Document Type

Thesis - Open Access

Award Date


Degree Name

Master of Science (MS)


Biology and Microbiology

First Advisor

Charles D. Dieter


Nest success is the biggest limiting factor governing waterfowl production in the Prairie Pothole Region which supports greater than 50% of North America’s breeding duck population. Depredation by predators accounts for 80% or more of nest losses each year (Klett 1988). Township size block predator management (BPM) has been effective at increasing duck nest success in North Dakota and Canada, but no BPM work has been done in South Dakota. There has also been no research on the effects of BPM on pheasants. The objectives of this study were to evaluate the effectiveness of increasing duck and pheasant nest success with the aid of trapping as a management tool. Trappers hired by the Delta Waterfowl Foundation removed mammalian predators in northeast South Dakota on 2 36-square mile blocks from March 15-July15 in 2007 and 2009, and 3 blocks in 2008. Trappers removed 2,578 mammalian predators during this study, with raccoons (Procyon lotor) and striped skunk (Mephitis mephitis) making up 58% of their catch. Trapped blocks along with a representative control block were searched for nests and monitored weekly to determine nest fate. I found 2,706 duck nests and 717 pheasant nests during this study. Mayfield nest success (as modified by Johnson1979) results for ducks ranged from 17.1% to 57.8% in trapped areas and 10.2% to 61.9% in control areas. Mean Mayfield nest success for ducks was not significantly different between treatments (F1,8 = 0.93, P = 0.36), year (F2,8 = 2.01, P = 0.20), or year-treatment (F2,8 = 0.35, P = 0.72) interactions. Mayfield nest success for pheasants ranged from 5.0% to 47.9.0% in trapped areas and 4.1% to 51.7% in control areas. Mean Mayfield nest success for pheasants was not significantly different between treatment (F1,8 = 0.17, P = 0.69), year (F2,8 = 1.47, P = 0.29), or year-treatment (F2,8 = 0.41, P = 0.68) interactions. Positive trends related to trapping in South Dakota were site and year specific for both ducks and pheasants. Future predator management in South Dakota should focus on areas of marginal nesting cover and should evaluate existing predator communities to maximize results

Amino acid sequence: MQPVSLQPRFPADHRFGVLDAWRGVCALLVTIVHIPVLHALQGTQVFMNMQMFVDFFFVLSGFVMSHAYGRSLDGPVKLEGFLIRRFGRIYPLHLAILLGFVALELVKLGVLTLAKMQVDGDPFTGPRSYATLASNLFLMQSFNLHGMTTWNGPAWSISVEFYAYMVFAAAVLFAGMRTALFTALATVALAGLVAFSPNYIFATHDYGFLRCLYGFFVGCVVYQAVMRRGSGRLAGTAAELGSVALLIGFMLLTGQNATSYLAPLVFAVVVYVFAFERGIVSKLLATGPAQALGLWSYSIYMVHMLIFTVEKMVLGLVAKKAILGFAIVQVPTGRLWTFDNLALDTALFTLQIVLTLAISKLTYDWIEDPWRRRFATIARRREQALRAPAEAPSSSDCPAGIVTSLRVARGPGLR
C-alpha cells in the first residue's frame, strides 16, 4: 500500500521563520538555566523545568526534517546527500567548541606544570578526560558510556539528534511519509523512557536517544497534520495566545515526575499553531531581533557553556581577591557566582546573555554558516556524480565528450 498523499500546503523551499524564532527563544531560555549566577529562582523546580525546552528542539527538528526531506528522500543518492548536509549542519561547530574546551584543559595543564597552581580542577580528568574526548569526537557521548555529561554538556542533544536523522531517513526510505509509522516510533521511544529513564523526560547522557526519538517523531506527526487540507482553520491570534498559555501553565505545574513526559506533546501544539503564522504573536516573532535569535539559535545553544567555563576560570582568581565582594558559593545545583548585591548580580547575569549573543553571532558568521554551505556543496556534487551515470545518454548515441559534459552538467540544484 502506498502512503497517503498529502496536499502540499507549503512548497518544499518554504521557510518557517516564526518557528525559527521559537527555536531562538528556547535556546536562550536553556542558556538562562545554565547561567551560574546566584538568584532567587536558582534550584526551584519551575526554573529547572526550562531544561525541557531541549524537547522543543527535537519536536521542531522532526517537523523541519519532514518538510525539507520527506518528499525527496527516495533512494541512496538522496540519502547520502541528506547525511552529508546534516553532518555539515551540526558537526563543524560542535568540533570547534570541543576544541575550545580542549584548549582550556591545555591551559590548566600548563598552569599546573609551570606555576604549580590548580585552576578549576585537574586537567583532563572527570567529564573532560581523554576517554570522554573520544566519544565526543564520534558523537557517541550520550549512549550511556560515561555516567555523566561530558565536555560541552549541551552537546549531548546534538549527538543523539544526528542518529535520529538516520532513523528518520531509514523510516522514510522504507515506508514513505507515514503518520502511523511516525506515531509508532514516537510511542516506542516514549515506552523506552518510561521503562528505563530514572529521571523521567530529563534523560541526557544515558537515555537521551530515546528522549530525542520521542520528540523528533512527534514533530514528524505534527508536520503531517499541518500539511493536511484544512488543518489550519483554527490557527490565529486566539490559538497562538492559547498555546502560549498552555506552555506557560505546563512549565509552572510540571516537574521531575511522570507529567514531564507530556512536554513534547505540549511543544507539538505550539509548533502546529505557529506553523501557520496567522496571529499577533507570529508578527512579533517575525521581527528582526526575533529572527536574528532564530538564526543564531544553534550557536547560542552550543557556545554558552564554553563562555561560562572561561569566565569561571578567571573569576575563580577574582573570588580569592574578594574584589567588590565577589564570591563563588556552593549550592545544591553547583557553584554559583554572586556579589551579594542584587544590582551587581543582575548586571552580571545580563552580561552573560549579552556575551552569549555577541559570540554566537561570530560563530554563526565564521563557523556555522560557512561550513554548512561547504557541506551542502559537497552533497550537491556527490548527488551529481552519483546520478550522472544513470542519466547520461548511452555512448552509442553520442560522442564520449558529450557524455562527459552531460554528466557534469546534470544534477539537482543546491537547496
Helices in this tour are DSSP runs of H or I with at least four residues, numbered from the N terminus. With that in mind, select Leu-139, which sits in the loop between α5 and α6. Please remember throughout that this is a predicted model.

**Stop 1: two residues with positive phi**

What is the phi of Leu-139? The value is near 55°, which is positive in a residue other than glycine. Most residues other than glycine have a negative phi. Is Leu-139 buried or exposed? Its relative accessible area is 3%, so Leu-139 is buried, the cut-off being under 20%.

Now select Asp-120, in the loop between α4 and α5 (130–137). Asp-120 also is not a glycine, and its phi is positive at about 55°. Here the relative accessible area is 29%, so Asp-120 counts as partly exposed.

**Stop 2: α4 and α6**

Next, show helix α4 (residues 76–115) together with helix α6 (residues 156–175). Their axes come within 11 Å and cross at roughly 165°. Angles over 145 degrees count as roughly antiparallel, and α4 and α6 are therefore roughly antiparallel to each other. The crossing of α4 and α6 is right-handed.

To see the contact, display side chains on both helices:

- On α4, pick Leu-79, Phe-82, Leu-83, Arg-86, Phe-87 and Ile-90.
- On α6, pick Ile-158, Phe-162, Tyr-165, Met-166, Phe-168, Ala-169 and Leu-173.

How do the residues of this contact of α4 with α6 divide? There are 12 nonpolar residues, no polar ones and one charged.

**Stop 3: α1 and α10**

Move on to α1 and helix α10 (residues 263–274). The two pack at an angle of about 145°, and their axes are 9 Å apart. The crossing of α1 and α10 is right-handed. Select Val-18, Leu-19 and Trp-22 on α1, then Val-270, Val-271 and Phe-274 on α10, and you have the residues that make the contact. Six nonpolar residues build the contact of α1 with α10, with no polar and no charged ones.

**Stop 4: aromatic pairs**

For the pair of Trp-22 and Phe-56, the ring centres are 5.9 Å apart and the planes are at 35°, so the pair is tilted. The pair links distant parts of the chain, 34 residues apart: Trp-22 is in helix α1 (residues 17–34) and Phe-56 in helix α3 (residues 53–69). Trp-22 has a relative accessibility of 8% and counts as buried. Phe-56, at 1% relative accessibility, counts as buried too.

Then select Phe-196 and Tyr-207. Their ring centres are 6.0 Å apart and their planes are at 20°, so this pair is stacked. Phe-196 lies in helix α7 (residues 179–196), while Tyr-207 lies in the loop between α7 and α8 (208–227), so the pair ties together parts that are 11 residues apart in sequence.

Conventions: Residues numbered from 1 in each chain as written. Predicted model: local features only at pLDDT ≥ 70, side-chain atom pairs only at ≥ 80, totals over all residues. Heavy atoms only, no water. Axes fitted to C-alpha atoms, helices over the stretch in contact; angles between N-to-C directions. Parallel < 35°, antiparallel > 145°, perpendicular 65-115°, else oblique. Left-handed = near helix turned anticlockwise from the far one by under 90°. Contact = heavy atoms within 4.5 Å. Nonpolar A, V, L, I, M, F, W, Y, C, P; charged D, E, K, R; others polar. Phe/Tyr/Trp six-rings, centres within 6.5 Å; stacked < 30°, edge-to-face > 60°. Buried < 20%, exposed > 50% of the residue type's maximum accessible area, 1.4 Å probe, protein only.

Library of Congress Subject Headings

Ducks -- Predators of -- Control -- South Dakota Pheasants -- Predators of -- Control -- South Dakota Ducks -- Nests -- South Dakota Pheasants -- Nests -- South Dakota Predation (Biology) Predatory animals -- Control Wildlife management



Number of Pages



South Dakota State University


Copyright © 2011 the Author

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Life Sciences Commons